The number of new Auckland houses getting the green light has edged up but continues to be well short of what is needed.
And the data is worrying economists.
ASB senior economist Jane Turner and Westpac senior economist Satish Ranchhod both expressed concern today after Statistics NZ data said the number of seasonally adjusted residential building consents issued in January was up by 0.8 per cent across the country and by 0.7 per cent in Auckland.
Their stance is in contrast to Building and Construction Minister Nick Smith, who has praised the level of building activity.
However, the annual trend is rising.
In the year to January, 30,123 new residential dwelling consents were issued, Statistics NZ said, well up on the year to January 2016's 27,124 new dwelling consents.
Turner expressed disquiet about the latest monthly figures.
"Construction activity remains a key driving force of New Zealand's economic growth. The slowdown in Auckland housing consent growth is concerning given existing supply shortages," she said of the modest 0.7 per cent Auckland increase in consents for January.
"Strong population growth over the past few years has lifted housing demand in many parts of the country, and we expect momentum to continue at least for another year."
Residential dwelling consents lifted slightly in January, the trend in housing consent issuance is now declining and non-residential building demand remains high, she noted.
"Non-residential consents dipped in January, as is usually the case. Consents appear to be holding at recent high levels, and are 9.2 per cent higher than a year ago," Turner said.
Ranchhod said the data "leaves us looking at a soft start to the year in terms of construction activity".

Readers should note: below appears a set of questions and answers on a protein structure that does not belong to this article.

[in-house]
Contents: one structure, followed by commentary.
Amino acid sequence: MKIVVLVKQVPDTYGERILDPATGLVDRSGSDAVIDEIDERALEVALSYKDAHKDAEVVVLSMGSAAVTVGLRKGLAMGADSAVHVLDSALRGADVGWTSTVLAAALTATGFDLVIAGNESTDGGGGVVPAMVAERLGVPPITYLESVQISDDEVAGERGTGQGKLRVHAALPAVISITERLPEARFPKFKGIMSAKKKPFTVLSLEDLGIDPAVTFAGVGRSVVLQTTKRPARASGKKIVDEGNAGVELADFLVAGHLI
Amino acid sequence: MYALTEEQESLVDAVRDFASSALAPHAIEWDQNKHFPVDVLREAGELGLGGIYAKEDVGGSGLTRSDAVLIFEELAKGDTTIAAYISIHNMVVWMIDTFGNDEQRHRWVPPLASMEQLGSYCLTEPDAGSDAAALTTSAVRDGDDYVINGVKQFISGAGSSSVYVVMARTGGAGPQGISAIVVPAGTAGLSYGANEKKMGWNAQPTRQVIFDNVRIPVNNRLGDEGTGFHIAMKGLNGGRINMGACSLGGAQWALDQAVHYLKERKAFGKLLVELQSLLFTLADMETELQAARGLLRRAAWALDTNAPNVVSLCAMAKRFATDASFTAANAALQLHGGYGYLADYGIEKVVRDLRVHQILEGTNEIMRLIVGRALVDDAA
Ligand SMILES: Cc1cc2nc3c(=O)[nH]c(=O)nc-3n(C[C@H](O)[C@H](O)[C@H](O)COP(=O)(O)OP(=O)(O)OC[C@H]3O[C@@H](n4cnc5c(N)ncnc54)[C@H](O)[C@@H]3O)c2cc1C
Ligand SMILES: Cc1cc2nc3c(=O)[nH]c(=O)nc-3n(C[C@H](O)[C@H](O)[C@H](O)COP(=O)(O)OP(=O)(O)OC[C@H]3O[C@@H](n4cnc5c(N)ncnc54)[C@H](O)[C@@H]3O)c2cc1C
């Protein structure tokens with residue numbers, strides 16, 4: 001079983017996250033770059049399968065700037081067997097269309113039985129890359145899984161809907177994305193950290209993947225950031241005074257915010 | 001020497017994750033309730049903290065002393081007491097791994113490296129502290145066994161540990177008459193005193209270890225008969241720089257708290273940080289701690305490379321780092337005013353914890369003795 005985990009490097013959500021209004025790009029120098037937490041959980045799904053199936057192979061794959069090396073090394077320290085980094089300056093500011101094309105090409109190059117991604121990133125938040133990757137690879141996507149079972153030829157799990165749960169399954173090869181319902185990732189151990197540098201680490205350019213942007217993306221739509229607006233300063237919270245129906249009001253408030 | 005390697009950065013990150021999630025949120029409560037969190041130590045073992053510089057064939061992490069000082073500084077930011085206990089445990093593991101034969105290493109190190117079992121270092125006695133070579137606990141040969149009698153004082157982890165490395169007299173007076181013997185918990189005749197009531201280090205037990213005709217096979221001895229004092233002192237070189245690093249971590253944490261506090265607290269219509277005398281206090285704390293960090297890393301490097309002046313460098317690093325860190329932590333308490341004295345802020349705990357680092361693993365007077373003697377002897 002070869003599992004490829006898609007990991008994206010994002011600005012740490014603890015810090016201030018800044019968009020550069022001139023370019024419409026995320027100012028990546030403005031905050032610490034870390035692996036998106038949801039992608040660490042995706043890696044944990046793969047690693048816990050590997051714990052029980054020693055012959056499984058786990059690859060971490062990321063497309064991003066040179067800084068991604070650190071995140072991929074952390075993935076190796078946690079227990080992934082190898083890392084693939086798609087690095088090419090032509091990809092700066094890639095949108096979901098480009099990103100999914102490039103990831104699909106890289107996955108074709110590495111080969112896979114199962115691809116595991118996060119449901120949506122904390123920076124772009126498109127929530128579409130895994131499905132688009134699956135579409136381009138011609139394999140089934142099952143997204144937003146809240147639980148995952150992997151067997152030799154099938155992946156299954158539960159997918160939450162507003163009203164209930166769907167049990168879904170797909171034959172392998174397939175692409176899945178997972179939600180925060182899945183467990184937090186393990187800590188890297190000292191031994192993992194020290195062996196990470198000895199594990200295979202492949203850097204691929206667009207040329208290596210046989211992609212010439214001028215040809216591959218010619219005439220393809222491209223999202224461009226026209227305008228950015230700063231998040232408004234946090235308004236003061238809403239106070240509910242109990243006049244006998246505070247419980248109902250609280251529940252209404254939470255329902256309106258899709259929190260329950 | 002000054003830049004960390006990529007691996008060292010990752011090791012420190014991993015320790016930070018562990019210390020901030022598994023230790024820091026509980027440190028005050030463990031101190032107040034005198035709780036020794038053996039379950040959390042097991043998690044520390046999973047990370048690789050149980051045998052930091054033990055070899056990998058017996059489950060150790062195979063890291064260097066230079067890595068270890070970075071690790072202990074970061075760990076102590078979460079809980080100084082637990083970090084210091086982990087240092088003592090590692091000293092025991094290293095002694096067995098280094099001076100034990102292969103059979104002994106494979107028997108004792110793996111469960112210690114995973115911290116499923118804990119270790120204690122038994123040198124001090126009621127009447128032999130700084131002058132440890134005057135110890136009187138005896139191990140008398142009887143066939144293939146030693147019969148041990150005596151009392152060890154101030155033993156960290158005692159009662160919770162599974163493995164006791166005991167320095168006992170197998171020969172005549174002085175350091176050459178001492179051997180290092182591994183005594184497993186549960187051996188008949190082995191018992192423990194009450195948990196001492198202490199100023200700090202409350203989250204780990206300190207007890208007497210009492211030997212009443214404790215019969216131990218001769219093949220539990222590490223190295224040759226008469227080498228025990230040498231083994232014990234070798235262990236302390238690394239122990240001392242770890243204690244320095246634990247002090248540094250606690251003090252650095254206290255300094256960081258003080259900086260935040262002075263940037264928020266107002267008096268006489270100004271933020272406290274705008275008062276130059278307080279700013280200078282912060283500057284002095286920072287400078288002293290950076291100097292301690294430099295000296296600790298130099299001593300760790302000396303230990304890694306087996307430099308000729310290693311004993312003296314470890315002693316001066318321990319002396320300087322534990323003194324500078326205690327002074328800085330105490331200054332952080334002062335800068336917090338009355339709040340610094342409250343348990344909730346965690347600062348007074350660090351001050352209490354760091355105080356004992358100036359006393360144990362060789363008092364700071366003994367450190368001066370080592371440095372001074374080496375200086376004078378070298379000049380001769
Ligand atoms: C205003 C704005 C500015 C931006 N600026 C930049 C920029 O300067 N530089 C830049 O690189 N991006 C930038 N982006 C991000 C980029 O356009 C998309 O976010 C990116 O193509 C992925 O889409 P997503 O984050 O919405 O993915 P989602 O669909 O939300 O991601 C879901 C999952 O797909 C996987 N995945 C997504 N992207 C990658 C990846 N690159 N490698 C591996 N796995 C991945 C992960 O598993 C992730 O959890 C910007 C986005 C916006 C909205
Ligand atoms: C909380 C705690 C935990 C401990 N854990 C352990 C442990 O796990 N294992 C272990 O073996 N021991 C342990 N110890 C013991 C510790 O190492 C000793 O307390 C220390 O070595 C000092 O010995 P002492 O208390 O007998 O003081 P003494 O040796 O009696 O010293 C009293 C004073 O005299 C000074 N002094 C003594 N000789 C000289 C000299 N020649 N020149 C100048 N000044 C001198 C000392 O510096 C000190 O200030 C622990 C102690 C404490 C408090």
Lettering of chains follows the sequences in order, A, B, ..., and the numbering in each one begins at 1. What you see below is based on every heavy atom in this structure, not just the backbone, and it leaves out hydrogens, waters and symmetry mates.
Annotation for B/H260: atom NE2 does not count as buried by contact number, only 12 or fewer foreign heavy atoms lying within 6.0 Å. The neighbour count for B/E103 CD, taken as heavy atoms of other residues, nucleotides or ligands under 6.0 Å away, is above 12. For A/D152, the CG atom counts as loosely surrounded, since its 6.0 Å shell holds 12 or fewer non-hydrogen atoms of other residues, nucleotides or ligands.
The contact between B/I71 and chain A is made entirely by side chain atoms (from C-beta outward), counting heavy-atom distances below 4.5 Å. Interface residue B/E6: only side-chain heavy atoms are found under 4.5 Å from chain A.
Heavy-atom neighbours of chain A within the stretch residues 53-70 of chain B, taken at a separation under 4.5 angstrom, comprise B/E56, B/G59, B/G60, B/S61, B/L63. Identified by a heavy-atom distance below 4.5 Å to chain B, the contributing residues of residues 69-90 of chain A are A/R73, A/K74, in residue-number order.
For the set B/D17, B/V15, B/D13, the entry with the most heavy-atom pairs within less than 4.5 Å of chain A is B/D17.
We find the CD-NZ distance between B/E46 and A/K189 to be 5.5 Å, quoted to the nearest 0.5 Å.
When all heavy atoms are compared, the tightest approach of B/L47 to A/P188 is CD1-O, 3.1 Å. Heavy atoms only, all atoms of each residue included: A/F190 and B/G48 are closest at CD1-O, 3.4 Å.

Lack of activity in Auckland was particularly worrying, he said.
"Housing consent issuance in Auckland is continuing to languish at levels lower than what is required to keep up with the needs of population growth. Consent numbers in Auckland dropped back 0.7 per cent over January, the sixth decline in the past seven months using Westpac's adjustment for usual seasonal trends," Ranchhod said.
"And over the past year, just over 10,000 new dwellings were consented in Auckland. To keep up with population growth and address the existing shortfall, Auckland needs to build upwards of 11,000 dwellings a year," he said. "And even then, it will require around a decade of strong building activity."
Phil Twyford, Labour's housing spokesman, said Auckland's huge housing shortage was growing, not shrinking.
"The city is already around 35,000 houses short and that's growing by 500/month. Bill English and Nick Smith have made a hash of the housing crisis with half-hearted measures and stunts. They are more concerned with trying to make voters think they are doing something than actually solving the problem.
"It's simple: we're not building enough affordable starter homes. The Government needs to do its part," Twyford said.
"Soon, Parliament will vote on Labour's KiwiBuild Bill that requires the Government to build 10,000 affordable homes a year to sell to first-home buyers. If National wants to get serious about the housing crisis, they need to back the KiwiBuild Bill. They should also adopt Labour's plan to boost the construction workforce with three years' free tertiary study and dole for apprenticeships," Twyford said.
Smith said building activity was at a record high, topping $19 billion for 2016 after five straight years of strong growth. New Zealand was in its longest and strongest growth phase in building activity, with record levels of investment in homes, commercial buildings and infrastructure, he said.
"The total value of consents in 2016, at $19b, is the highest ever and 30 per cent more than the previous peak last decade, in inflation-adjusted terms. I am particularly encouraged by the ongoing strong growth in residential building activity, that has increased 19 per cent nationally and 27 per cent in Auckland over the past year.
"This is the fifth straight year of strong growth. You cannot grow a sector as large or as complex as building at more than about 20 per cent compound per year without incurring problems with quality," Smith said last month.
Residential dwelling consents issued by number, December 2016-January 2017
NZ up 0.8% seasonally adjusted
1752 new dwellings consented in January:
285 townhouses, flats, and units
98 retirement village units
Auckland: up 0.7%
ANNUAL NATIONAL PICTURE (years to January) all dwellings consented
[Source: Statistics NZ]